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Nutritional developmental history and its consequences for reproductive success in Drosophila suzukii (Diptera: Drosophilidae)


Long, Tristan; Young, Yvonne (2020), Nutritional developmental history and its consequences for reproductive success in Drosophila suzukii (Diptera: Drosophilidae), Dryad, Dataset,


The characteristics of the juvenile developmental environment of an individual can have many important consequences for their adult reproductive success as it may shape the development and expression of phenotypes that are relevant to the later operation of sexual selection. Drosophila suzukii (Matsumura) (Diptera: Drosophilidae) is an economically important invasive pest species that lays its eggs in many types of soft fruits and potentially experiences large intra-population spatial and temporal variation in its nutritional developmental environments. Here, we examine whether the larval nutritional developmental environment influences D. suzukii mate choice, egg production, and offspring performance. Using D. suzukii raised on diets differing in their nutritional quality, we examined mating preferences, fecundity, and offspring survivorship in “no-choice”, “female choice”, and “male choice” reproductive contexts. We found evidence for both adaptive and non-adaptive mate choice behaviours associated with the phenotypes of D. suzukii that had developed in different nutritional environments. These results reveal the complex nature of the relationship between the developmental environment and individual reproductive success in D. suzukii, which has important potential implications for future management plans involving this species.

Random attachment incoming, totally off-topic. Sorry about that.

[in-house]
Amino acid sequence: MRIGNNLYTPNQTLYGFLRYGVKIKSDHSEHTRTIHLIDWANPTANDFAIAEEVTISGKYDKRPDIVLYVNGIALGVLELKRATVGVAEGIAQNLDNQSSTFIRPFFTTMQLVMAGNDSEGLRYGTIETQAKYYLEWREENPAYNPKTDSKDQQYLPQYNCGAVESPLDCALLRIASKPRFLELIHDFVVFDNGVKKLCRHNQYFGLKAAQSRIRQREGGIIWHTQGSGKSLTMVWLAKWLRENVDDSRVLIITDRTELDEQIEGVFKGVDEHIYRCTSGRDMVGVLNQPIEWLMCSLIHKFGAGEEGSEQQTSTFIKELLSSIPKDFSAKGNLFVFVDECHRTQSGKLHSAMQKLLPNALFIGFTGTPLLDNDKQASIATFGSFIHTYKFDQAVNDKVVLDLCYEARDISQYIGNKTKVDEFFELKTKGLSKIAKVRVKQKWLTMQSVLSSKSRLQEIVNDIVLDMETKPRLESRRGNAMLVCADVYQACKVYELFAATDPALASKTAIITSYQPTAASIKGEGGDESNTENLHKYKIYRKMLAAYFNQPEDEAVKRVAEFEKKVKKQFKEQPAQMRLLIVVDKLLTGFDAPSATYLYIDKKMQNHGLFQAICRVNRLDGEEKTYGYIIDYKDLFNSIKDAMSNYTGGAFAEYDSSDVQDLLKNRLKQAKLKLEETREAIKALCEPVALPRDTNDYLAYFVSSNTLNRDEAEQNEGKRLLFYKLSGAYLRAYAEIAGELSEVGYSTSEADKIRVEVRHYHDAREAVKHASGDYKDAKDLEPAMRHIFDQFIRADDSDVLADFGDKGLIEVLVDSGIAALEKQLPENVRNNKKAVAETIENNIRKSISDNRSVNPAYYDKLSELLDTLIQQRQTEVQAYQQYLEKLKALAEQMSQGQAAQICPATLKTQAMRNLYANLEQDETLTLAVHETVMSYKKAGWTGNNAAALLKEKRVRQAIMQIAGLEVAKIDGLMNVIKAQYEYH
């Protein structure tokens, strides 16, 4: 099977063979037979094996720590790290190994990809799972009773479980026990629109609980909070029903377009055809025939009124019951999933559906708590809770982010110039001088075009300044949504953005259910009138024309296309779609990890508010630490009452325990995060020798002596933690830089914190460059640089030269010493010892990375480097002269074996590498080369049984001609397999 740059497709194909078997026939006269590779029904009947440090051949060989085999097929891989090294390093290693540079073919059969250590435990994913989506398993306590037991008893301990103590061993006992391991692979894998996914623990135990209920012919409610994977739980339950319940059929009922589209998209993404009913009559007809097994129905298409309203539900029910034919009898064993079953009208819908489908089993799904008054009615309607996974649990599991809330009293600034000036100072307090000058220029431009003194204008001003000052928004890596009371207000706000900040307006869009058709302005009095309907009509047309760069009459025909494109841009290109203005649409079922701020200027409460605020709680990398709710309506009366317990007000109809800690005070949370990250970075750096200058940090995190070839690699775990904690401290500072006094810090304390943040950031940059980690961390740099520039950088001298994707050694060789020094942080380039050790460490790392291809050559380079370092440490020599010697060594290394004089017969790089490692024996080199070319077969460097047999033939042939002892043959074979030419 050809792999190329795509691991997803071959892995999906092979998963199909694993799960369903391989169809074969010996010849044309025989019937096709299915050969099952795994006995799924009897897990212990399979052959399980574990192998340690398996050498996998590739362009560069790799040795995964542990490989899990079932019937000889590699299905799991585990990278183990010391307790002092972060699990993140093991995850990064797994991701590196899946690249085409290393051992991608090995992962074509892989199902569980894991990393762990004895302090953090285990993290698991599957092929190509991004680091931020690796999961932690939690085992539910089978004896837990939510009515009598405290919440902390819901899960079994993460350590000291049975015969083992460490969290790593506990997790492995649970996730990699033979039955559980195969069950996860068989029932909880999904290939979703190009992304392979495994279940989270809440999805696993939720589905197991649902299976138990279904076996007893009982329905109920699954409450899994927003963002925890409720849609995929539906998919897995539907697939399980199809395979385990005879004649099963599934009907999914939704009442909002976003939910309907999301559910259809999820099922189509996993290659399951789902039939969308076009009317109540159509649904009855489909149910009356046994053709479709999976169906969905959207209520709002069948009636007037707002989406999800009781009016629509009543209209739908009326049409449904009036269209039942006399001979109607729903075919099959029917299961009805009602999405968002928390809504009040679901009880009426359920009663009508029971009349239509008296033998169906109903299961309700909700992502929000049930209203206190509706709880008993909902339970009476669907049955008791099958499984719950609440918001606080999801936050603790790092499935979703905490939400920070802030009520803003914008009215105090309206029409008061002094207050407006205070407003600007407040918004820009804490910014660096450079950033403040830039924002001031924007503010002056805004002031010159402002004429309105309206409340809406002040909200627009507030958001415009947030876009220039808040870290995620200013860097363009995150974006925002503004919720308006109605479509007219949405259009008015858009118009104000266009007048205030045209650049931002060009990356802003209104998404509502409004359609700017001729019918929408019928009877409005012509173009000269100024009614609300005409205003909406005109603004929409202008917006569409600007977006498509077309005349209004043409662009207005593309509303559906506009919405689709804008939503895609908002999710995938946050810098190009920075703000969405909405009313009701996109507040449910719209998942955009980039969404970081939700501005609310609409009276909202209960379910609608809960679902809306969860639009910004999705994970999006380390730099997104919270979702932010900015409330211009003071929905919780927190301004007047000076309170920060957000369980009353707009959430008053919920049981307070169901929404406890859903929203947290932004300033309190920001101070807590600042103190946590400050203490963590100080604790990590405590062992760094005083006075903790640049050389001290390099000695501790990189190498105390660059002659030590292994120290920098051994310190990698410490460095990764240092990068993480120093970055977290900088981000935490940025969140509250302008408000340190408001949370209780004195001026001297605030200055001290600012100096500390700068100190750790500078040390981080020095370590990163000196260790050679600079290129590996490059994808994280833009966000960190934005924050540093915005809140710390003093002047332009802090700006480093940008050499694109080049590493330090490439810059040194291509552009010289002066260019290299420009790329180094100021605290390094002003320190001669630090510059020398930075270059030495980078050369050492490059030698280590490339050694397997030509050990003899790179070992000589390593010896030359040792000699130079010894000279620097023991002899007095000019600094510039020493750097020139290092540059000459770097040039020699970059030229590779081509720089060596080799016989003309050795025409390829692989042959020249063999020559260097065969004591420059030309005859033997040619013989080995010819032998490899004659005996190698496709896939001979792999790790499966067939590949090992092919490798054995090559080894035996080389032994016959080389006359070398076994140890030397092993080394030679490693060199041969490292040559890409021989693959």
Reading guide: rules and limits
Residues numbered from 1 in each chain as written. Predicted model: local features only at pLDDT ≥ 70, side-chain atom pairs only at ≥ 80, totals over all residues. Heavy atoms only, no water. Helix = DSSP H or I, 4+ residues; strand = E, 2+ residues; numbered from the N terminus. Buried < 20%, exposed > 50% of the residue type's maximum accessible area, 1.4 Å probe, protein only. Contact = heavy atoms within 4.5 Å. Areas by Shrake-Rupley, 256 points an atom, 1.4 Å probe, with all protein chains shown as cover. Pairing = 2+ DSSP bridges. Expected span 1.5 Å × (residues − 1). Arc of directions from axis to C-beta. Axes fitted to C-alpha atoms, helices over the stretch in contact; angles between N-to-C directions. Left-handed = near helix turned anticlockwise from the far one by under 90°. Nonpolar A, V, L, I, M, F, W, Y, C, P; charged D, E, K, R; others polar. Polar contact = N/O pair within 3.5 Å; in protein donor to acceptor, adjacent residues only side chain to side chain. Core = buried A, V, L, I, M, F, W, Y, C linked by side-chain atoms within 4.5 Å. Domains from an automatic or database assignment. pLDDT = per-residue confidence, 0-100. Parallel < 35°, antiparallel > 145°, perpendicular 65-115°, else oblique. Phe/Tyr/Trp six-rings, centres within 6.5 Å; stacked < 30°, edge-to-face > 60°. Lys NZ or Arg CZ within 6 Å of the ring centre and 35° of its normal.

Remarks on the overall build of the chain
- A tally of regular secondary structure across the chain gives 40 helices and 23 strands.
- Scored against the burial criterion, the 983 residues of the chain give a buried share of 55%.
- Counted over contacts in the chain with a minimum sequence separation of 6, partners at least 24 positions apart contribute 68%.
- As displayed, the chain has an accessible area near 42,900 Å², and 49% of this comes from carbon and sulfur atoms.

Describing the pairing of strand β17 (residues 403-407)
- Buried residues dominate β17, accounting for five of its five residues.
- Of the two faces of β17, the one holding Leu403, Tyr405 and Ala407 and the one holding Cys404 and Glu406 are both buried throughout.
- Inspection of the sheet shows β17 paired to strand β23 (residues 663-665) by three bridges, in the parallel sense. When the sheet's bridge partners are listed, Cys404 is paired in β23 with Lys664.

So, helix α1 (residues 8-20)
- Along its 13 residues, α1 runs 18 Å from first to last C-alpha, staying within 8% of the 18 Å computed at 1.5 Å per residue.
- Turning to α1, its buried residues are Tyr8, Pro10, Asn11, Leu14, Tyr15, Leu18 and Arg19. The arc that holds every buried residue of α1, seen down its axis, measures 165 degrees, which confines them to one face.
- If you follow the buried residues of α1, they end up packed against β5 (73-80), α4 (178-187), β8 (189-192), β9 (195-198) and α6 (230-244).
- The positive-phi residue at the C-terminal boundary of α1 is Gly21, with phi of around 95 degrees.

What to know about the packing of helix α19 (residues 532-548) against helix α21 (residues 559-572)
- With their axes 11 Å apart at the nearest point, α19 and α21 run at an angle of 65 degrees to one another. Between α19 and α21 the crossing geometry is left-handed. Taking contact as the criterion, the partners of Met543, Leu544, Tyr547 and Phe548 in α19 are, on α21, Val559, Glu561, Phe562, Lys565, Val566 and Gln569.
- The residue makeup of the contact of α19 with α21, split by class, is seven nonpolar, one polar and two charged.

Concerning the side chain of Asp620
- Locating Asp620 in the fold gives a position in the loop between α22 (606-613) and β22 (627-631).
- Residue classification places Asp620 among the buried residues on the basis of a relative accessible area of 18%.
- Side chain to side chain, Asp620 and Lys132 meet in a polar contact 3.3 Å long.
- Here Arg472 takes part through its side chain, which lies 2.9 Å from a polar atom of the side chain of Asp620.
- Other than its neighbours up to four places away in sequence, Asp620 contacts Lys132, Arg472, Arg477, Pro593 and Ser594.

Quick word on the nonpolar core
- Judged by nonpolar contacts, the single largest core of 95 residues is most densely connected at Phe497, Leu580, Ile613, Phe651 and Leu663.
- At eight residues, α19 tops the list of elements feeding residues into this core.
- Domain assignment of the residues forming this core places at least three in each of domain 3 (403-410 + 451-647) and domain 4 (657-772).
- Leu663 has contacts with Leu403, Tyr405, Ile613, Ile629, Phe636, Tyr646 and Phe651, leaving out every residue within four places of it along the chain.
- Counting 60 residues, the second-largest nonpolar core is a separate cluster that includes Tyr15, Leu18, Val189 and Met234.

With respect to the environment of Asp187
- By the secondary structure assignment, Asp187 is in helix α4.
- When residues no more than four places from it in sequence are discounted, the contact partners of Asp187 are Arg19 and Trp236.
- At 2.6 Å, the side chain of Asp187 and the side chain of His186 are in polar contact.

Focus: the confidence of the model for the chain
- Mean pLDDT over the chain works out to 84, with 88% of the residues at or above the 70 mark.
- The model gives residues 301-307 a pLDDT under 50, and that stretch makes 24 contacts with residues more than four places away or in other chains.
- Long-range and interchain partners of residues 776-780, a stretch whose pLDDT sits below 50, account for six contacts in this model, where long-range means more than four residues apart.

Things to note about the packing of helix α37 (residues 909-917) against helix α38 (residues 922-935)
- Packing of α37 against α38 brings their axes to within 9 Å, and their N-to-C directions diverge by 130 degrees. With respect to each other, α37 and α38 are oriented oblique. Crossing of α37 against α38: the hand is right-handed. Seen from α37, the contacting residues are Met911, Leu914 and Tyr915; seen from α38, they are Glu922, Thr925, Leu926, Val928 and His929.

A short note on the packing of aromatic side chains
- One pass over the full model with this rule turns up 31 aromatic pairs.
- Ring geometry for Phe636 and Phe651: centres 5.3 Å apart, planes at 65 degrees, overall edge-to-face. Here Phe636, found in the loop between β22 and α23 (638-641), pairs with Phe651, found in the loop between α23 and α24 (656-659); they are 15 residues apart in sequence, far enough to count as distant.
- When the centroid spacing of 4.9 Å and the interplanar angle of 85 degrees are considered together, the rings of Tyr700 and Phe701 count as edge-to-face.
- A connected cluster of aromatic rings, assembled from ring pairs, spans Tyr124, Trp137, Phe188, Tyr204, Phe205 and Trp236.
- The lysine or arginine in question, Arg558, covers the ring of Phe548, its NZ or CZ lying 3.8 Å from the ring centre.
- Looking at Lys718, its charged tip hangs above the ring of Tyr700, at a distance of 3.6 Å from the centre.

This data contains information on mating outcome, mating latency, copulation duration, offpsring production and egg-to-adult survivorship of spotted wing fruit flies, Drosophila suzukii from 3 different mate choice assays (no choice, male choice and female choice). The data from the 3 assay files is also reorganized by the 4 possible combinations of the nutritional developmental histories of the mating pairs to faciliate comparisons between the choice and no-choice treatments.


Natural Sciences and Engineering Research Council of Canada, Award: Discovery Grant